Educator Q&A: Andrew Meador from Chattanooga Christian School
In her book Bringing Innovation to School: Empowering Students to Thrive in a Changing World, Suzie Boss says, “The first step in teaching students to innovate is making sure that educators have opportunities to be innovators themselves.”
We couldn’t agree more. That’s why we love hearing stories about how Bright Spark™ not only ignites creative confidence for students, but also empowers, equips, and inspires educators to be innovation champions.
For one of our teacher leaders, Andrew Meador, the Upper School STEM Lead for Chattanooga Christian School, design thinking has made a world of difference for his students and also for himself personally.
A nanotechnology-research scientist turned teacher, Andrew is passionate about the intersection of science and technology in assisting humankind. “I left research because I realized that investing in the next generation is ultimately more gratifying for me. I enjoy creating real-world, problem-solving projects for my students and talking about the impact of science and technology on society,” he said. A couple other fun facts: Andrew is also an avid bird watcher, skateboarder, and music producer.
Wrapping up our Bright Spark™ Educator Q&A Series (see first and second articles), we connected with Andrew to hear his story, insights on innovation in the classroom, and experience leading a student team in last year’s Bright Spark Student Design Competition.
When you were a kid, what did you want to be when you grew up?
My whole childhood I dreamed of being an architect. I wanted to create wildly-shaped buildings and structures that ensnared your gaze. But, when I was a junior in high school, I took AP Biology and that changed everything! I had the most amazing teacher who brought the material to life for me and challenged me to be my best. Plus, she let us have rabbits as class pets and allowed them to run around the room during class.
If you could go back in time to when you were a student, what advice would you give yourself?
Don’t let school get in the way of your education. There is a great temptation in education to “play school” with deadlines and checking off activities without truly focusing on student learning and growth. Focus on cultivating and developing skills, not just performing well in classes.
Describe one of your favorite teaching moments.
Anytime students make a discovery on their own is an educational touchdown for me. One moment that stands out to me is every year in Earth Science we complete a project where students must create an evacuation plan for Chattanooga because it is going to be crushed by a giant asteroid. Their challenge is to come up with a solution to avoid the impact altogether. We go through the design thinking process where we learn to productively brainstorm, and I love watching the presentations they give because every student has created a unique plan to avoid the impact.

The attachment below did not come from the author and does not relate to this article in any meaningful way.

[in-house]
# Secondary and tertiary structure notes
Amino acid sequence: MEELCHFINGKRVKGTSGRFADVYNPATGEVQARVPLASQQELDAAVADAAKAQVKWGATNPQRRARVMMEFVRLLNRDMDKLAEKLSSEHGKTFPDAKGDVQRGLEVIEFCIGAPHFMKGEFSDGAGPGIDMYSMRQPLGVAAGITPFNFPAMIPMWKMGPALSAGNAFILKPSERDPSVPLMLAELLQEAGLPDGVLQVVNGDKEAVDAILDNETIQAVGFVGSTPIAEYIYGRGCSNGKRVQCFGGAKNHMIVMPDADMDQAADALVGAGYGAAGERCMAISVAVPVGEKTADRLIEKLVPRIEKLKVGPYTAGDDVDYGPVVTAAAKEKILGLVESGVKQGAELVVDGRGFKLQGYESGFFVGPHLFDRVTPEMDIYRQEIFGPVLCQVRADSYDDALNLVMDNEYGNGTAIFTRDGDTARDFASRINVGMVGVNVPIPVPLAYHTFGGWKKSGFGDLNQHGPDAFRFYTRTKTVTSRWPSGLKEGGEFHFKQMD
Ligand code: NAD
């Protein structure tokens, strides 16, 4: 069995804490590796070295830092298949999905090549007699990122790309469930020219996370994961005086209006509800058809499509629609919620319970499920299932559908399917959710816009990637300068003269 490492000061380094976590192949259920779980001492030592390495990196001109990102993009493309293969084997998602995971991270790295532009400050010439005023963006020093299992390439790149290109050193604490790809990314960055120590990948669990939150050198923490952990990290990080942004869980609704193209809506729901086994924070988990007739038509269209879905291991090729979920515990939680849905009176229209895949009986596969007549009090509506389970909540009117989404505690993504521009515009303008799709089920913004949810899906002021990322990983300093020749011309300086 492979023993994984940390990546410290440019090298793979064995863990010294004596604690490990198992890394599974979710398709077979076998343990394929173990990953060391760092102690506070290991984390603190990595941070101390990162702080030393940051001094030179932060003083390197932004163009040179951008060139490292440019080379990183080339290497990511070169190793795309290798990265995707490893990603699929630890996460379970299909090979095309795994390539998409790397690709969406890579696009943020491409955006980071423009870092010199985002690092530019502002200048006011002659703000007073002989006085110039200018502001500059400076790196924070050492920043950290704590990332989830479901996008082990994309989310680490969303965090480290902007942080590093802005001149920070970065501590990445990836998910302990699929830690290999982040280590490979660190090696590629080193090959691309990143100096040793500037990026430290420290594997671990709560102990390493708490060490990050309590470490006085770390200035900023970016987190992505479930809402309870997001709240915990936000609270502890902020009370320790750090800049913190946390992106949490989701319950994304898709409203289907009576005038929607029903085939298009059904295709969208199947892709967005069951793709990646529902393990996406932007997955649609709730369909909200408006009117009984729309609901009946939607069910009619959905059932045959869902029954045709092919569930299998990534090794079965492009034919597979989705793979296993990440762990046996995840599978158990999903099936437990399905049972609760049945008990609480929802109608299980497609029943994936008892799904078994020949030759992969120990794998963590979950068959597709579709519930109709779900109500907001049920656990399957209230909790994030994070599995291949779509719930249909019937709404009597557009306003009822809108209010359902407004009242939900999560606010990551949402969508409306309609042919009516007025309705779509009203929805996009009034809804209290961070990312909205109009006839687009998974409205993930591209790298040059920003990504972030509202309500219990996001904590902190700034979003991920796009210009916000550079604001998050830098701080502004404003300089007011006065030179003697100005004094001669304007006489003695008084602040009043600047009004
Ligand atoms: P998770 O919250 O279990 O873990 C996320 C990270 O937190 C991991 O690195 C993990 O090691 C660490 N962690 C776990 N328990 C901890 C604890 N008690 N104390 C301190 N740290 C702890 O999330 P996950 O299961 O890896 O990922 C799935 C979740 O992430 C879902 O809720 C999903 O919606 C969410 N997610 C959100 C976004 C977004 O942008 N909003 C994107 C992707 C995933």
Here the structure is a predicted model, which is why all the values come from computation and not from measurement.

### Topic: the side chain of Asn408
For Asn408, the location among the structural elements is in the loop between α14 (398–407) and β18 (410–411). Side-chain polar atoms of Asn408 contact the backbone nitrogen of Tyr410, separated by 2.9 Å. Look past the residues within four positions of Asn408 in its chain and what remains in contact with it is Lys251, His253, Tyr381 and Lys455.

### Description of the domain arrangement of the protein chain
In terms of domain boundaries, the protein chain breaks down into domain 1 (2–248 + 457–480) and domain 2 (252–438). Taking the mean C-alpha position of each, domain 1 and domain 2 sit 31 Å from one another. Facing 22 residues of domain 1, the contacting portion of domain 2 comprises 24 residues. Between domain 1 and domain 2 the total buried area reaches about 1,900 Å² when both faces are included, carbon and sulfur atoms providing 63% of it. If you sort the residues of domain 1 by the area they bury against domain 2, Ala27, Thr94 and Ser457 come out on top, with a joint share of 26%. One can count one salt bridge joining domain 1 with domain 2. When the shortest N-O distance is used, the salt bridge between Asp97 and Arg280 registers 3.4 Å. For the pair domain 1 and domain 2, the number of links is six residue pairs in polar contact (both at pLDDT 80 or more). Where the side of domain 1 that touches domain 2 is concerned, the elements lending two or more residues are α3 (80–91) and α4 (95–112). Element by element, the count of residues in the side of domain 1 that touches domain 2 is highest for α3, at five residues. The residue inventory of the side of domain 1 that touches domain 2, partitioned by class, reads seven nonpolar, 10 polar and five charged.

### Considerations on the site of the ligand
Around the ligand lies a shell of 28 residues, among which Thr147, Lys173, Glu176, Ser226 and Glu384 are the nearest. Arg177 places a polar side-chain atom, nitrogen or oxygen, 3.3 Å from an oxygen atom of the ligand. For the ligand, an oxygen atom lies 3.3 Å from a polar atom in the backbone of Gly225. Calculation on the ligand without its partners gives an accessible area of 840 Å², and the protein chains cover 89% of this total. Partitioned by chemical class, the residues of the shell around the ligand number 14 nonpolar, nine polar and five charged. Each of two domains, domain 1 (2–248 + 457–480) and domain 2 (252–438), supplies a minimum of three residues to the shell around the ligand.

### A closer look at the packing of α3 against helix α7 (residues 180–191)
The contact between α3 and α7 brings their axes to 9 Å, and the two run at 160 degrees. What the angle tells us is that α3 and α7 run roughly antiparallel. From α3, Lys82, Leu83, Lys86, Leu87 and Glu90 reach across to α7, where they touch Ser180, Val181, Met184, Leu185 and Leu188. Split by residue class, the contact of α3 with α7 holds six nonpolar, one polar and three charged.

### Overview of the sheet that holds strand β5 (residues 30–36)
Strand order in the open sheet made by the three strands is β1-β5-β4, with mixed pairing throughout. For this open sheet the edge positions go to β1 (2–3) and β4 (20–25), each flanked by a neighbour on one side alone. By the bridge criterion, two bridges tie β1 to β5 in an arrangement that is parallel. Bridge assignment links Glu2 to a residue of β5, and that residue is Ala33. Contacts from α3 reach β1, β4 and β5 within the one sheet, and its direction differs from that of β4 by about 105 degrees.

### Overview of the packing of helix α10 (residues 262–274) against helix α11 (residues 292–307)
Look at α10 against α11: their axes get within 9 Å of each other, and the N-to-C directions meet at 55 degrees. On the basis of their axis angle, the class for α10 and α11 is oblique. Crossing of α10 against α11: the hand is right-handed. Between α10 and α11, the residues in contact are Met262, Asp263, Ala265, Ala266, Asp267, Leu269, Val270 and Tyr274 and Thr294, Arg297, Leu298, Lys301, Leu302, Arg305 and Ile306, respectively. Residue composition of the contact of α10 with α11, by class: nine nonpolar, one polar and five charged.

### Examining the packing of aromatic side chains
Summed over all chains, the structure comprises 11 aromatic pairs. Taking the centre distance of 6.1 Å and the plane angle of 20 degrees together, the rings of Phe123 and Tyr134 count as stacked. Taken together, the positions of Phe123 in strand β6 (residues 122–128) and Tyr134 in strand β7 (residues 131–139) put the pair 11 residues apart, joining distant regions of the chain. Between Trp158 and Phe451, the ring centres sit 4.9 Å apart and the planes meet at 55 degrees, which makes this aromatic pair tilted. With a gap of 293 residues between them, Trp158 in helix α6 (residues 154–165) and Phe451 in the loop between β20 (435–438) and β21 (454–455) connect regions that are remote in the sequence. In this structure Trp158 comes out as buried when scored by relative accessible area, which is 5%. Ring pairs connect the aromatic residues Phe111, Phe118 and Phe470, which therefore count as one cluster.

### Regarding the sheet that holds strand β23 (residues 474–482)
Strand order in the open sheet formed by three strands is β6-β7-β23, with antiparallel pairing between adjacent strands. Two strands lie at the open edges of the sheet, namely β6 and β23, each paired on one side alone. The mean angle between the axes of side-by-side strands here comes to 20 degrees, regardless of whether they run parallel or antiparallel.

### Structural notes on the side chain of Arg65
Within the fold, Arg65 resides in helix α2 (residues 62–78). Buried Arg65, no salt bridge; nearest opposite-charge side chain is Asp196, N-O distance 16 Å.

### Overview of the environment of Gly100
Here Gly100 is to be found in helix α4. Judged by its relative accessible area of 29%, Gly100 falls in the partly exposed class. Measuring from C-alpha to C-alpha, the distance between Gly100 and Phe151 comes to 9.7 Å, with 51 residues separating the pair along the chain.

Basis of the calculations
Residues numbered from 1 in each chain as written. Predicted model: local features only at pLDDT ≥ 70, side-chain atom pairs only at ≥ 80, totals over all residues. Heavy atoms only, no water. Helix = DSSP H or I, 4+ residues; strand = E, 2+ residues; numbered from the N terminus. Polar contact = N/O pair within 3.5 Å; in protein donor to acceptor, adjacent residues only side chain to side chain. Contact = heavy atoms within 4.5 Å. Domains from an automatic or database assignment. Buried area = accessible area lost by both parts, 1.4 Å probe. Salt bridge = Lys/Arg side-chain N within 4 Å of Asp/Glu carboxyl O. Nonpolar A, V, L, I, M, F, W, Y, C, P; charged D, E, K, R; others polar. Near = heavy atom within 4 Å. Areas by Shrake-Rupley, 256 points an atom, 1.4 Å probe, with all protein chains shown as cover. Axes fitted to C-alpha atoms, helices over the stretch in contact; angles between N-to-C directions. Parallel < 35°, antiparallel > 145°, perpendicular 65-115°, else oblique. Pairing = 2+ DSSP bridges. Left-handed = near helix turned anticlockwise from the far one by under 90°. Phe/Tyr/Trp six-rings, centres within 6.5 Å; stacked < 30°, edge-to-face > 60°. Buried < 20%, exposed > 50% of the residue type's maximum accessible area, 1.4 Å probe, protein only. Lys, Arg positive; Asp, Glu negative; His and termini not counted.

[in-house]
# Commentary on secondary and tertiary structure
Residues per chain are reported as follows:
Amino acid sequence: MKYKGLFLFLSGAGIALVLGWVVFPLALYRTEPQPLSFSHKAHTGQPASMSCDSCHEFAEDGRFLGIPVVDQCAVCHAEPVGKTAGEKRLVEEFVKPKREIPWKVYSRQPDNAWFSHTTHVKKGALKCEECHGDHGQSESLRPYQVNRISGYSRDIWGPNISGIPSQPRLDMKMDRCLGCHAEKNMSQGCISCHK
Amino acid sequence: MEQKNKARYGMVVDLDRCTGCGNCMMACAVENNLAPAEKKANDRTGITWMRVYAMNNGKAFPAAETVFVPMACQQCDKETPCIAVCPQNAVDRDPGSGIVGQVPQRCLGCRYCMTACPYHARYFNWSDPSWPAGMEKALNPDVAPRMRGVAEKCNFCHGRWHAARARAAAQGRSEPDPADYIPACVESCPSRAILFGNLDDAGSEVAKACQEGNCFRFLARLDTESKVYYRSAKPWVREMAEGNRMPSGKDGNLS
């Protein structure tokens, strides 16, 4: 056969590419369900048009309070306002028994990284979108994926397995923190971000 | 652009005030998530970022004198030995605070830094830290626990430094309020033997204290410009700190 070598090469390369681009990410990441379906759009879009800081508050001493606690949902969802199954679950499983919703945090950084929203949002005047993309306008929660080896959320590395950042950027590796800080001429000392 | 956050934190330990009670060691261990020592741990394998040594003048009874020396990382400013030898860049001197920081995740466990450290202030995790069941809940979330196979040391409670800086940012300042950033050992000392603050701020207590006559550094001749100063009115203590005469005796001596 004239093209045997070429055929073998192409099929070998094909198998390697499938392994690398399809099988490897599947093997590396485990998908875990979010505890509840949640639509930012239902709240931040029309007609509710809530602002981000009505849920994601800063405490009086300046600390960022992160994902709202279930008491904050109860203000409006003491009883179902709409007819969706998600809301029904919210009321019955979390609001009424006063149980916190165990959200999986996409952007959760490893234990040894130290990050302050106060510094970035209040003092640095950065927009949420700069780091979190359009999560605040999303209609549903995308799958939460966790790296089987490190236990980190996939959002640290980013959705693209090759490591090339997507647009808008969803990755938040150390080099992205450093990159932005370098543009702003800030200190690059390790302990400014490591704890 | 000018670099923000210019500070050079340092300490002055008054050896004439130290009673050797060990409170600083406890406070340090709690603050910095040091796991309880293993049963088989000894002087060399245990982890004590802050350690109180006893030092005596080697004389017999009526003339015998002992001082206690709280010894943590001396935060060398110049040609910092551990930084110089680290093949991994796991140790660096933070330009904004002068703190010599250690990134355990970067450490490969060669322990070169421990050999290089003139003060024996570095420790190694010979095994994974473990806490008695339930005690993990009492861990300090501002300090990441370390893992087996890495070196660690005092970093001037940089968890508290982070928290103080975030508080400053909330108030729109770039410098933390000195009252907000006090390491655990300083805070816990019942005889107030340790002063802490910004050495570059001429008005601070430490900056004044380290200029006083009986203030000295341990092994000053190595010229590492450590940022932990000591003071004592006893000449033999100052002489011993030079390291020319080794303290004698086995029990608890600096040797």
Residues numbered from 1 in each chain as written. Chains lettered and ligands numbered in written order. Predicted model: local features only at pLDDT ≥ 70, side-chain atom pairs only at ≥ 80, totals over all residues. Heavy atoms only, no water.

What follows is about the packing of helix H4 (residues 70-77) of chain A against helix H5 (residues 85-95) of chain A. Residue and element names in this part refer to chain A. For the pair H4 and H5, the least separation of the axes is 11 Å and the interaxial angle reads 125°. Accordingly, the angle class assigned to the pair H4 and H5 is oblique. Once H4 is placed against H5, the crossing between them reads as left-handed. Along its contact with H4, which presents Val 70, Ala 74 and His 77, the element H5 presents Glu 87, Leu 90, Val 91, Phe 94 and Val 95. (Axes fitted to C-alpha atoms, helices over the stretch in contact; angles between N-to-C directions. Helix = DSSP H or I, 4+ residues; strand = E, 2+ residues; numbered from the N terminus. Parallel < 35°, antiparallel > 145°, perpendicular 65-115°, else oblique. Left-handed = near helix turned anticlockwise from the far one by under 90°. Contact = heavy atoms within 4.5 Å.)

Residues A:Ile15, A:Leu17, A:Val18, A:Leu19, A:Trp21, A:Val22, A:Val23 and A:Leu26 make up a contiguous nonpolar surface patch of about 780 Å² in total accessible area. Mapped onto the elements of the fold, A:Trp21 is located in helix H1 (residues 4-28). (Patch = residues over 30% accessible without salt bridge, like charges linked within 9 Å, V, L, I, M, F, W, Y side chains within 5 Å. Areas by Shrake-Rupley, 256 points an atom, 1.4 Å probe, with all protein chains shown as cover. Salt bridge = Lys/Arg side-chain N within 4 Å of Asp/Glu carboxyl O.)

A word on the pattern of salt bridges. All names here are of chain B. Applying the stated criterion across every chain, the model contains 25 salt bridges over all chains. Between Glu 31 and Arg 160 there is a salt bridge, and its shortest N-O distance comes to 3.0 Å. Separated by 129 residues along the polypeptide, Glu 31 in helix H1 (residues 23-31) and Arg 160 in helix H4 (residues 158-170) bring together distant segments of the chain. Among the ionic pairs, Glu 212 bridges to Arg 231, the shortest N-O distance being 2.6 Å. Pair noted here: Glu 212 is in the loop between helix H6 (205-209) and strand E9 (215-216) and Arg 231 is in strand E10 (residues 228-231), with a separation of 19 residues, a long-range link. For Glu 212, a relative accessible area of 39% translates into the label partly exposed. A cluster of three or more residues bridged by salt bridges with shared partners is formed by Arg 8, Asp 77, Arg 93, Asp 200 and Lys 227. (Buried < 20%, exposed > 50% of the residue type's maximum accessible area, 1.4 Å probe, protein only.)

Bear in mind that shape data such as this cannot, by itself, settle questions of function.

What does innovation in the classroom look like for you? And, what kinds of design innovations are you most excited about these days?
Most of the time, for me, innovation comes in the form of lesson planning. I enjoy thinking deeply about the skills that I want my students to cultivate and then creating a real-world, problem-solving scenario that allows them to develop and hone those skills. I don’t get very excited by educational buzzwords; I’m interested in creating a classroom atmosphere that stimulates creativity and critical thinking, with projects that incorporate comprehensive and connected thought from multiple disciplines.
Tell us about your experience participating in last year’s Bright Spark Student Design Competition.
Last year was an incredible experience—from guiding students through preparatory activities to helping them navigate the prompt and hone their designs. I loved seeing how engaged they were with their ideas and how they immersed themselves in the challenge to consider every facet. It was especially satisfying to see my middle school team win because they put so much thought and energy into their idea.
Beyond the student activity, it was personally exciting to hear the keynote speaker, Marc Shillum, talk about his work with drone technology and considering the user experience as part of the engineering design feedback loop.
What was the biggest takeaway for your students?
The biggest takeaway for my students was entering the design-thinking mindset—it completely changes the way you brainstorm and go about solving problems!
What would you say to other educators who are on the fence about getting involved in this year’s Student Design Competition? Why should they take the plunge?
Before moving to Chattanooga, I had never been exposed to design thinking. What the Bright Spark Design Competition and Bridge Innovate are accomplishing has been truly life-changing for me. Even if you are feeling hesitant about jumping in, if you consider yourself a life-long learner—like I do—then you should look at this as an investment in yourself and your own future.
Any final words of wisdom?
Dream bigger than yourself.
The 2018-2019 Bright Spark Student Design Competition is open for student teams from fourth grade through college level and will be focused on the challenge: How Might We connect resources and services within and into our communities to help students and families in need thrive?